The abundant eyes of a giant rock scallop (Crassadoma gigantea) are backed with tiny mirrors that reflect light, unlike our eyes that use lenses to bend and focus light. The mirror in each eye has multiple layers to gather different wavelengths of light, and reflect that light onto a double-layered retina. The many eyes located along the scallop’s mantle allow this animal to see pictures peripherally and centrally at the same time.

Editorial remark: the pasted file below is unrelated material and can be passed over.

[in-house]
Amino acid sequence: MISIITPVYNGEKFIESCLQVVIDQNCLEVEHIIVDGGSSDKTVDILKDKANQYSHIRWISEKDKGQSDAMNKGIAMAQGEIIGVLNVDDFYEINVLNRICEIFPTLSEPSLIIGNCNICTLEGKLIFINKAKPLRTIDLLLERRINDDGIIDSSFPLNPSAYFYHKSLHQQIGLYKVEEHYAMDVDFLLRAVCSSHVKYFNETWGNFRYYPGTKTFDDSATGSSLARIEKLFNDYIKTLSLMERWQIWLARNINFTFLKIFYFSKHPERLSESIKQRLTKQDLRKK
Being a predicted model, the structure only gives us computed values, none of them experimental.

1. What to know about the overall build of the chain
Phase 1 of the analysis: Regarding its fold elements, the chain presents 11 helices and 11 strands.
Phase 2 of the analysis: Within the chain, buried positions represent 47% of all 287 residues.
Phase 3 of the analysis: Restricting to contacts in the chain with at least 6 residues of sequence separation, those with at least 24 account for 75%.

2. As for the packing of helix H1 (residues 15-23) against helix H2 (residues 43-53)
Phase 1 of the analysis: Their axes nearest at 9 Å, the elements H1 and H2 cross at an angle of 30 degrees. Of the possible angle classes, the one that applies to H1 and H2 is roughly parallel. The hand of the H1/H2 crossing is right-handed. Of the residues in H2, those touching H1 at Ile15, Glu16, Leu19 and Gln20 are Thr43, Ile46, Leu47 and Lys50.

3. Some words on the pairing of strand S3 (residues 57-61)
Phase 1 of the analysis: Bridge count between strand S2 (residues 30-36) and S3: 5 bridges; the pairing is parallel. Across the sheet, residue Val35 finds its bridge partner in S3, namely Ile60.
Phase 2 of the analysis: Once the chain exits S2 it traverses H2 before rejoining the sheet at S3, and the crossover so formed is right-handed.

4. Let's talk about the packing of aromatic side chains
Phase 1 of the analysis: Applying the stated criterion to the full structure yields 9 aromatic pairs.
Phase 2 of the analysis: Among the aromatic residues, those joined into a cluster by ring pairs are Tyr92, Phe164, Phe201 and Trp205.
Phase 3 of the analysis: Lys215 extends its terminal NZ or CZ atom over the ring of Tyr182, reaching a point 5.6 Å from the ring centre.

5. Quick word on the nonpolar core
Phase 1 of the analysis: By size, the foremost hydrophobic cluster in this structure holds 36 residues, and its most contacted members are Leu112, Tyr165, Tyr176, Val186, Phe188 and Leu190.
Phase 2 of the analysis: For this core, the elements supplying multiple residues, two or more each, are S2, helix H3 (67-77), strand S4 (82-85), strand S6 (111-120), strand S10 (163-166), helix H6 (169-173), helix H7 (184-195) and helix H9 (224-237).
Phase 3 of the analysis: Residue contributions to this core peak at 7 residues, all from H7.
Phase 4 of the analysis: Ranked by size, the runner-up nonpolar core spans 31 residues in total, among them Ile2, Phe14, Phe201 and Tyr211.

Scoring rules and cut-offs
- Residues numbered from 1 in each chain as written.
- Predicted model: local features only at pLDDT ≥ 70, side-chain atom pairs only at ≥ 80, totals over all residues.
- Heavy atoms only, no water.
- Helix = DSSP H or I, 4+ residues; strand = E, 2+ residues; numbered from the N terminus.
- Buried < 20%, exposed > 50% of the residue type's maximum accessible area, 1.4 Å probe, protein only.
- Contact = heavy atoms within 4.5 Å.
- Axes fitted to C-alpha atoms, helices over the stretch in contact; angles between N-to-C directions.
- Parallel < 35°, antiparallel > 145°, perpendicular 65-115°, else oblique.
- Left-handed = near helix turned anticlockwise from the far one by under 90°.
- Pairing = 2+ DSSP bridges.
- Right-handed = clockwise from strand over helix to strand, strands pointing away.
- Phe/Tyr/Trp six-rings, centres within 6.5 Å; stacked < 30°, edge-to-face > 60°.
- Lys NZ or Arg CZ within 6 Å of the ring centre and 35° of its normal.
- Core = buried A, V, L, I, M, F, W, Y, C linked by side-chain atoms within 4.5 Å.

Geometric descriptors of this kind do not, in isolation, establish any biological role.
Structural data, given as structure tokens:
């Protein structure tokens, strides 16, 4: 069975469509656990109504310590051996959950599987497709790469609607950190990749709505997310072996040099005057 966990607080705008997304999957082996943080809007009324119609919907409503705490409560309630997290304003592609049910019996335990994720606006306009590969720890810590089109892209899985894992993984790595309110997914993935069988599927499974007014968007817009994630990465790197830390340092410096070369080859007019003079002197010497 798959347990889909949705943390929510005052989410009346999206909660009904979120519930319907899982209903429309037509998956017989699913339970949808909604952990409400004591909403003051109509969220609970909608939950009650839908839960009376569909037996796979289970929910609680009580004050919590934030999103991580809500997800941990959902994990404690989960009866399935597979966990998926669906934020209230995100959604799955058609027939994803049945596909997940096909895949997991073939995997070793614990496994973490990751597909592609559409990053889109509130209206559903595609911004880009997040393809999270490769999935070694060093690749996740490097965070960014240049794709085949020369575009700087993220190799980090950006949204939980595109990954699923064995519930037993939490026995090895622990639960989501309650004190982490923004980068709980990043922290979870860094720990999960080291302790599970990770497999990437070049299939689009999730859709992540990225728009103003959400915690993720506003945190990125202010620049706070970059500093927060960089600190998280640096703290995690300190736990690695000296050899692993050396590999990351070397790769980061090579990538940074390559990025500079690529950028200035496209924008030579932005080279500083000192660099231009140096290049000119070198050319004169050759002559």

The giant rock scallop is large, and grows to about 10 inches (25 cm) across. This is a slow growing species that can live longer than 20 years of age. The giant rock scallop has a range from northern Alaska to northern Mexico.